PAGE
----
The last section, focused on popular culture and forms of multimodality, begins with Jocson and Cooks promotion of poetry use in ways that open up doors for young people to take an active part in shaping and representing their social worlds (p. 154). Kim presents one teachers use of a hip-hop infused curriculum to consider in more nuanced ways how hip-hop skills and strategies could be brought into the classroom to support the development of critical literacy and a more student-centered curriculum. Paris and Kirkland explore urban youth discourse, challenging oral/written and digital/embodied dichotomies. All three highlight the complex and multiple ways urban youth engage in literacy practices in their everyday lives and offer some insights into how these might be taken up in todays classrooms. These works compellingly argue for an expanded definition of text to support student literacy development.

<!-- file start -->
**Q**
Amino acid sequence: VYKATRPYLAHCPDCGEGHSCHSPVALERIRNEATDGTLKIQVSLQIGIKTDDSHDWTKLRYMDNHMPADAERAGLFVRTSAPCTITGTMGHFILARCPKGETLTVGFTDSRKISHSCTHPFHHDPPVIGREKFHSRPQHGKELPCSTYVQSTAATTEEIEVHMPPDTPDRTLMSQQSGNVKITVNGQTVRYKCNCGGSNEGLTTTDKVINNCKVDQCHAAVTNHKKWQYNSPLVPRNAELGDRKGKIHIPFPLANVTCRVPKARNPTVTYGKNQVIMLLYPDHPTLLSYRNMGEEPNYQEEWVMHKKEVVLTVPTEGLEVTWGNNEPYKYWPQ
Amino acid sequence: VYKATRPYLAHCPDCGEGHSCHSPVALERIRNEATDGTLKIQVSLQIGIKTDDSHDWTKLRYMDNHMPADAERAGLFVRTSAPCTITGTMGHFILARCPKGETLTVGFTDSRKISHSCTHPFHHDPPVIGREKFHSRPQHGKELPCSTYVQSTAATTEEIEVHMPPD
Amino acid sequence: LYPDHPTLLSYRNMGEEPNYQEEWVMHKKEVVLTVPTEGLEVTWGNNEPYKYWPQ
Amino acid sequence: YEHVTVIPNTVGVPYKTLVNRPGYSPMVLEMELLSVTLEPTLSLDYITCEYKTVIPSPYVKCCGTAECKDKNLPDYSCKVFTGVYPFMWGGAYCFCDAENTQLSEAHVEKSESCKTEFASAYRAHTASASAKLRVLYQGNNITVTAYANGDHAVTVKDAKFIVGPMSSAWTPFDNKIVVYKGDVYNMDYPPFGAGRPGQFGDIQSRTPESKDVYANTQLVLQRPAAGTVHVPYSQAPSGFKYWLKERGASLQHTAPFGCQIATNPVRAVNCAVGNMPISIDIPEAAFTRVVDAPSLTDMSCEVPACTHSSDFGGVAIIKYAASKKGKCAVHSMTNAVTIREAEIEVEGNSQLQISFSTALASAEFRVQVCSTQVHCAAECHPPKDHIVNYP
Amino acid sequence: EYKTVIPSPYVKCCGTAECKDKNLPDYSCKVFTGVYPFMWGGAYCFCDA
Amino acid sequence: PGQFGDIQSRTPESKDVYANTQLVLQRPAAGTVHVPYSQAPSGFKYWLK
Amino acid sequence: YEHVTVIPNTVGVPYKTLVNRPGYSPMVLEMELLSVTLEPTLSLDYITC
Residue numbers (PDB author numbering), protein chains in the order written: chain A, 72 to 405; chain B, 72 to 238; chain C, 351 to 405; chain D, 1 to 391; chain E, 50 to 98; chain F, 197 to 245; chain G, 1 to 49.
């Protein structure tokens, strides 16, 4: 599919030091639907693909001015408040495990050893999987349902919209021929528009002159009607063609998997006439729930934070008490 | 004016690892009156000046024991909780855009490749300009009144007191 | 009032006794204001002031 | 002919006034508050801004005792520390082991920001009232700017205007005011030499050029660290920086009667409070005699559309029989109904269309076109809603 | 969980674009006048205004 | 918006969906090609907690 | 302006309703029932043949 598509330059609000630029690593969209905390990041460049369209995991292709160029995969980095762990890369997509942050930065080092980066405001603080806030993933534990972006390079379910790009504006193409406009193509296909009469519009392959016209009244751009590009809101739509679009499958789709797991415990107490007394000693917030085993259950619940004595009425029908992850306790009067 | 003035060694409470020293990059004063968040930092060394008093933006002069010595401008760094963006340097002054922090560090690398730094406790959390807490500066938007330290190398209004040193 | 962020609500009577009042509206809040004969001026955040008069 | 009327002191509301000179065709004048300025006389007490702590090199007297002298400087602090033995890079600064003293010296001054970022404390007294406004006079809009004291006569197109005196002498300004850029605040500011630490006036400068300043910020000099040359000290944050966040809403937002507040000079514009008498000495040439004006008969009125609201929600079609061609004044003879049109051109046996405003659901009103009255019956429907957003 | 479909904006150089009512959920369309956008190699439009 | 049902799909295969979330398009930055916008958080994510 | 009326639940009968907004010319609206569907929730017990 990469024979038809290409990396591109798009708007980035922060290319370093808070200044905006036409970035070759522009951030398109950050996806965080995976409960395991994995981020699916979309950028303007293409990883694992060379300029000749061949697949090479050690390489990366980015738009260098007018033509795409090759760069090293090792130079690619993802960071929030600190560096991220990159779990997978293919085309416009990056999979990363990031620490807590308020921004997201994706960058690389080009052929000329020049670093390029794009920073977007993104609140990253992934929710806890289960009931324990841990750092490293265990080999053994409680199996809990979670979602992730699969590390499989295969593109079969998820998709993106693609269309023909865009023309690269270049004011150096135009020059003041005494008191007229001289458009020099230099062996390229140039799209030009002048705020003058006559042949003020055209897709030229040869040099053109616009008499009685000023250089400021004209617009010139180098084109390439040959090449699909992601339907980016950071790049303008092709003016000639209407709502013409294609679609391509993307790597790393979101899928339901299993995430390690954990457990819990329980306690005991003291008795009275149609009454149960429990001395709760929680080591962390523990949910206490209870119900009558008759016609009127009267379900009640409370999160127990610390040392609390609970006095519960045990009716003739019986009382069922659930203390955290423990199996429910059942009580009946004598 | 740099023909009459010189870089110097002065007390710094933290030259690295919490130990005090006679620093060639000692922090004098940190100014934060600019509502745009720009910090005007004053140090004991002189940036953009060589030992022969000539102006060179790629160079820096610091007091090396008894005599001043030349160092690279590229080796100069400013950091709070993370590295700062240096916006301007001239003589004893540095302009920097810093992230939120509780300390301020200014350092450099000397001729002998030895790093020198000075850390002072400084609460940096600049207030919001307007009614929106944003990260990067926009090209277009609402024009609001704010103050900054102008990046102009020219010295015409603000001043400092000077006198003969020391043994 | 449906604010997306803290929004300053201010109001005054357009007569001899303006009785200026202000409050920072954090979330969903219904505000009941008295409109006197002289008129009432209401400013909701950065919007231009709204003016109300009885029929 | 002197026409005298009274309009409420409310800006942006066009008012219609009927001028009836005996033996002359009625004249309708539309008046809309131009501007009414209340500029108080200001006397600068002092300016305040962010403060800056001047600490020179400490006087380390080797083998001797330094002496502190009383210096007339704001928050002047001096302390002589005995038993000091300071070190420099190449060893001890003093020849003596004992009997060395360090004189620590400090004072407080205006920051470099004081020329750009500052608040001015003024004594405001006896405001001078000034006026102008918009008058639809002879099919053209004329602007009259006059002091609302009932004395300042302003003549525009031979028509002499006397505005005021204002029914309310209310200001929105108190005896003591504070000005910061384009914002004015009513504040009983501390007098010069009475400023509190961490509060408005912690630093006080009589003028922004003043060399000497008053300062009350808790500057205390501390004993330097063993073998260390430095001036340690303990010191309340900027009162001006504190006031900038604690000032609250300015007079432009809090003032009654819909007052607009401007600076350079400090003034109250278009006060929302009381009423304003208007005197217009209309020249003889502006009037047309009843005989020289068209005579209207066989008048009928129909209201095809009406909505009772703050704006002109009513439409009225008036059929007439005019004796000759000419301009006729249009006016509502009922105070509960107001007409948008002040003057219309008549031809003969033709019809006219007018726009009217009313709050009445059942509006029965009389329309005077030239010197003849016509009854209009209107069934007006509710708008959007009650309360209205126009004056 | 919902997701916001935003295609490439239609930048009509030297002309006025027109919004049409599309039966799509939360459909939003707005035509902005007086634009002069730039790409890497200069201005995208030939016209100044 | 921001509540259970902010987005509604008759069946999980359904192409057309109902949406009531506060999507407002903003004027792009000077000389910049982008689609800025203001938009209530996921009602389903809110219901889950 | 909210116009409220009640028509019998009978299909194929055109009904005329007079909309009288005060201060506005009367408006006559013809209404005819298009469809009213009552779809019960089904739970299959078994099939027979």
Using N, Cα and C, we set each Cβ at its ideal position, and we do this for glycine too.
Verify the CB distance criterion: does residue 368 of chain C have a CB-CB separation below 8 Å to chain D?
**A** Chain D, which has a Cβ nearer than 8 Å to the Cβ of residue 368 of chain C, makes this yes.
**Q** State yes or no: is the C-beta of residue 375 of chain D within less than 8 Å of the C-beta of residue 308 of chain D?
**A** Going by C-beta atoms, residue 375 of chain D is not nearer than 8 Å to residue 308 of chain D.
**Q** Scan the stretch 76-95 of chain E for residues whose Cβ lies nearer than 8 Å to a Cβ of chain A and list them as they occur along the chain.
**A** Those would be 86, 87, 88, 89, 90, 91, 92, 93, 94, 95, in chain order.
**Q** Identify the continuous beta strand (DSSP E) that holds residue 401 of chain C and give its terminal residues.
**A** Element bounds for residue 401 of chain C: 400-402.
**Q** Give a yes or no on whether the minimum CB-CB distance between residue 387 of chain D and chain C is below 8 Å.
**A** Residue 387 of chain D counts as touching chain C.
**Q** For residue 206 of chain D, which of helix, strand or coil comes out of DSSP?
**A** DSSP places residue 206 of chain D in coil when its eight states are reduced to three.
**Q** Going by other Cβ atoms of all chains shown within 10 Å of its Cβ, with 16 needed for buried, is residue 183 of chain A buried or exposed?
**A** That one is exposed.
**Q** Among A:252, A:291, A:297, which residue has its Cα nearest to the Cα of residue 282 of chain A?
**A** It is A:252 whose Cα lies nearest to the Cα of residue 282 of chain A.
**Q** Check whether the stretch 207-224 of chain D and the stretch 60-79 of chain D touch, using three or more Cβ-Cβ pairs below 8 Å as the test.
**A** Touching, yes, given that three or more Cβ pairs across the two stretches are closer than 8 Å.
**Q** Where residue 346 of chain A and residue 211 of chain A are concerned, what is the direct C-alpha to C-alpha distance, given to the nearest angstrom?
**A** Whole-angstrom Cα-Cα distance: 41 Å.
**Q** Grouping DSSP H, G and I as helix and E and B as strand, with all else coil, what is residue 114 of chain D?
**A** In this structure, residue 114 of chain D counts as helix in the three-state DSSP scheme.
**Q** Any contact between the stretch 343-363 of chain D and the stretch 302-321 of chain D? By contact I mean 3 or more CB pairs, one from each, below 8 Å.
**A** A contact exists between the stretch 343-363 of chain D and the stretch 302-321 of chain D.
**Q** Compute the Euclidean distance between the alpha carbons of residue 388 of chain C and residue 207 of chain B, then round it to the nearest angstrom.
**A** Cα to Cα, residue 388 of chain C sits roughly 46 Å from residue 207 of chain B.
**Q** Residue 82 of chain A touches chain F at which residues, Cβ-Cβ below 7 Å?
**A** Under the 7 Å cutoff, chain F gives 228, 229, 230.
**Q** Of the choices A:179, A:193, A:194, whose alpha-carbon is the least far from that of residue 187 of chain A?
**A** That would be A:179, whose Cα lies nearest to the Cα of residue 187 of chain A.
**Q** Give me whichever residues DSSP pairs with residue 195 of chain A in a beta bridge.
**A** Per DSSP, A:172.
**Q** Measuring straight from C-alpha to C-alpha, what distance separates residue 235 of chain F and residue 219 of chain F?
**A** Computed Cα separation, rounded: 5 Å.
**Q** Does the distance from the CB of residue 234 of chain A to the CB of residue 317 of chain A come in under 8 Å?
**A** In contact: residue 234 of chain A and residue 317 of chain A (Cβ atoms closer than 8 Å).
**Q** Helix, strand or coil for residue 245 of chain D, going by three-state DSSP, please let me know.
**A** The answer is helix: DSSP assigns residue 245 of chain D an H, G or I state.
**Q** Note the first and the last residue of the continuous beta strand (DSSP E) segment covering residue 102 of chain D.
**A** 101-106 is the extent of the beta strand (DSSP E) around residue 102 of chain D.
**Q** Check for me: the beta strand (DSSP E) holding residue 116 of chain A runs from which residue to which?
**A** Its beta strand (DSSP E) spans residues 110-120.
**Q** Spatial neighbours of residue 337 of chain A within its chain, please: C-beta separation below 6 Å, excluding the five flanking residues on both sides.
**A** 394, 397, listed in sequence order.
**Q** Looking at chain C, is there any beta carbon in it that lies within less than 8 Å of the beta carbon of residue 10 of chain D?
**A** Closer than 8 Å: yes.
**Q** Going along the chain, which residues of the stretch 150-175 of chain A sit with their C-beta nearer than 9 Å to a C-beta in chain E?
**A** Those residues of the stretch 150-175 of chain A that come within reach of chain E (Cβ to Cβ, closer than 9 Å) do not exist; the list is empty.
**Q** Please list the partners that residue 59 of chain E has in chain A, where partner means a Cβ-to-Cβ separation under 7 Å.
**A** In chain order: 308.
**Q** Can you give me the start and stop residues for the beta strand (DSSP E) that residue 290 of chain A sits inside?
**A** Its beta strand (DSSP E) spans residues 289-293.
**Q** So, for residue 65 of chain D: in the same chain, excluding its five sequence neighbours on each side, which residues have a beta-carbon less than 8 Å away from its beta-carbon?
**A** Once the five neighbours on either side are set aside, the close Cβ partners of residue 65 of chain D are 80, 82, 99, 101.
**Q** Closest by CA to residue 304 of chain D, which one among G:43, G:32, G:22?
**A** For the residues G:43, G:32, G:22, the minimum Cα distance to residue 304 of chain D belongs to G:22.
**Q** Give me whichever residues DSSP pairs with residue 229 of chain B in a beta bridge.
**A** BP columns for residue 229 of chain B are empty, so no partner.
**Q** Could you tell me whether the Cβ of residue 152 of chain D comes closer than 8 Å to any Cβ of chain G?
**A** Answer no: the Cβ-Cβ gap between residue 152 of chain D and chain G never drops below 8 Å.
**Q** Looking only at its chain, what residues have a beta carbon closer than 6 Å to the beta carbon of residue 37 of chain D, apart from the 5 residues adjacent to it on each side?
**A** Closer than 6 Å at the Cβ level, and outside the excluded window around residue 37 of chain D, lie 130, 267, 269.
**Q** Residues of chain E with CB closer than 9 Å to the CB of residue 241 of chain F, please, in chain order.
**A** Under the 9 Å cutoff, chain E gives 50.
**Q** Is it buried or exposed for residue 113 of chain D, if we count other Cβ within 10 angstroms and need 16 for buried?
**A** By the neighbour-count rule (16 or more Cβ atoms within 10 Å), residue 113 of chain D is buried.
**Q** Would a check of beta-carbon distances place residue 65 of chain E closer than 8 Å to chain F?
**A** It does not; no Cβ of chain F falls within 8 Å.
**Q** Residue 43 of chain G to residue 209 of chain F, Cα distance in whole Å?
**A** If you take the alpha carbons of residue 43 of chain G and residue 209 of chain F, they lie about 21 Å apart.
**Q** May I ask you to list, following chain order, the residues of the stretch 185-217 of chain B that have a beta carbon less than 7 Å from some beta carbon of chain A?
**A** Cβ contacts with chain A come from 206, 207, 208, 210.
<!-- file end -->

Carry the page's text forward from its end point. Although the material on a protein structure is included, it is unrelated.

Urban Literacies puts students and student outcomes at the center of the conversation, presenting expansive knowledge of the literacy worlds of urban youth in respectful and powerful ways. However, there are points where student voices are needed to ground and support the arguments and models presented. Overall, the compilation pushes the reader to refocus on the students, and, as Sonia Nieto writes in the conclusion, to reject the notion that students are to blame for the brutal outcomes and massive failure of urban schools, and instead to accept our responsibility to turn the situation around (p. 198). There are points where this reader and others will converge as well as diverge from what is written; however, Urban Literacies leaves us wondering, as JoBeth Allen does in the afterword, what if families, communities, schools, teachers, researchers, took seriously the literacy capacity of all youth and engaged and supported them in the kinds of critical literacy practices argued for in the text.